Orwell’s book “1984” introduced the term “Big Brother” for the kind of control and scrutiny the government held over the lives of people in his novel. It is striking that in Queensland, it is 1984 when this kind of Orwellian Big Brother relationship of the state to Indigenous people came to an end with the abolition of the Queensland Aborigines Act and its counterpart, the Torres Strait Islanders Act. “The Acts” had existed for nearly 90 years. I should say segregation legally came to an end as it dragged on for a few more years as my book “The Dying Days of Segregation in Australia: Case Study Yarrabah” shows.
I cannot overstate, however, the turning point that occurred in 1984, which is why, I believe, this book is so important.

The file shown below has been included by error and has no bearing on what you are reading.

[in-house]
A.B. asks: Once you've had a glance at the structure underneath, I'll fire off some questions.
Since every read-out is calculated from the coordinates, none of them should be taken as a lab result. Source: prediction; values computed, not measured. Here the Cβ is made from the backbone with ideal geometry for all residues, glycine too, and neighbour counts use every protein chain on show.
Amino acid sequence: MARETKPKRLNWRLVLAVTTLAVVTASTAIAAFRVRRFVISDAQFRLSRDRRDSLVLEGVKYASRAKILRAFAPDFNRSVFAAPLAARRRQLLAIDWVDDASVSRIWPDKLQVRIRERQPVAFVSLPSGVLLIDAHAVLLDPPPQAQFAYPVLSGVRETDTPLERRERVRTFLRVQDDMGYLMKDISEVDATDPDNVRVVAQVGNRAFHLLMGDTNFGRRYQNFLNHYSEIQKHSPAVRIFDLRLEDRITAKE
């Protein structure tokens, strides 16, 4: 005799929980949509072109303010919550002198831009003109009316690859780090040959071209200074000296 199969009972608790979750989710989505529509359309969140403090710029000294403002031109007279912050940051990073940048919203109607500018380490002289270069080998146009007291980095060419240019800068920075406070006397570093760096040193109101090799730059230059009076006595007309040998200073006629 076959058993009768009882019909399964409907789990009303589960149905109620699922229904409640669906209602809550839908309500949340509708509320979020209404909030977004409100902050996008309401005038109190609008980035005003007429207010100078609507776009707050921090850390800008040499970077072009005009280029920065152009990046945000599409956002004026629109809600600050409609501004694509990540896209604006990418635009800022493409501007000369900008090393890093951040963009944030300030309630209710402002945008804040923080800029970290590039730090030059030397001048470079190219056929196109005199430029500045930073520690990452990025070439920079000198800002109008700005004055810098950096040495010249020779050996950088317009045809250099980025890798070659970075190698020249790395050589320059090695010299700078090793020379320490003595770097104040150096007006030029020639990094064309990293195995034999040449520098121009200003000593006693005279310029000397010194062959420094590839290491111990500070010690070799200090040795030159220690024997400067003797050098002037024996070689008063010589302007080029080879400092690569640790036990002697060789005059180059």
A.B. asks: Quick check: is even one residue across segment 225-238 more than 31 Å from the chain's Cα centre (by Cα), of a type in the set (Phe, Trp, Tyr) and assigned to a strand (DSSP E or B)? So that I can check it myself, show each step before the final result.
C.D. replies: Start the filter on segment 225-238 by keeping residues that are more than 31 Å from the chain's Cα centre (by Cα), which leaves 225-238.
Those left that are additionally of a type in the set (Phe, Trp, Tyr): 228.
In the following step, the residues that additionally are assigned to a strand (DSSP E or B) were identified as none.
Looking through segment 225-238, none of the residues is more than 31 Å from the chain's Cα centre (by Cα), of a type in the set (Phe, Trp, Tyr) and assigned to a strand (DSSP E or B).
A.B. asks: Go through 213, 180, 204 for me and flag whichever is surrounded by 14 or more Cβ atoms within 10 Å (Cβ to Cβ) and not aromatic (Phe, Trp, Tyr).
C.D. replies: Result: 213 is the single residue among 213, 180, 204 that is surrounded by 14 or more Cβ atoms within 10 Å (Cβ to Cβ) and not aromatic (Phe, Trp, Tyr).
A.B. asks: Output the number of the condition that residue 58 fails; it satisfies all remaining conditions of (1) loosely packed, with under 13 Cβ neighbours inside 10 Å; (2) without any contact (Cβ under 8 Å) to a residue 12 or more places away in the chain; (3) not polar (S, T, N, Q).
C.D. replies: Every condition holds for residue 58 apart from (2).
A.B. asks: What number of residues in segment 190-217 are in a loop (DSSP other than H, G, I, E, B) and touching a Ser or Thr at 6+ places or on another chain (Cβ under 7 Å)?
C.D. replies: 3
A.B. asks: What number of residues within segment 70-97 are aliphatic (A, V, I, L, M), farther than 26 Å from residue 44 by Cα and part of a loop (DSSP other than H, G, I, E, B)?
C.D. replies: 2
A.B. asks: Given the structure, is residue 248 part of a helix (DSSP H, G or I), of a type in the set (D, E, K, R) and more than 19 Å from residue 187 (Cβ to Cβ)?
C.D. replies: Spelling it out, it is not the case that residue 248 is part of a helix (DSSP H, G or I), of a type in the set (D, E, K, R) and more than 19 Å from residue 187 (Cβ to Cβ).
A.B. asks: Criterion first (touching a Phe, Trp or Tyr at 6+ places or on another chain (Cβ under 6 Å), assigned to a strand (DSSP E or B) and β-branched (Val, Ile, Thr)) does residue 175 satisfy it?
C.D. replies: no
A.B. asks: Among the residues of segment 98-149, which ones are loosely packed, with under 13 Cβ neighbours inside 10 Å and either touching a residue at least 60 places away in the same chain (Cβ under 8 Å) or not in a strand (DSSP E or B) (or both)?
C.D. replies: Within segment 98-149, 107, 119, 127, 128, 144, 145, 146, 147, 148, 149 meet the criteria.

It is written, primarily, at a time when one era came to an end and another era began and we see the emergence of a measure of local government and a measure of land ownership on Aboriginal and Torres Strait Islander communities in Queensland. We also see the gradual whittling away of human rights abuses. My writing on this issue at the time was so hot and controversial that it was not published until 1986 lest it raise the ire of the Queensland government.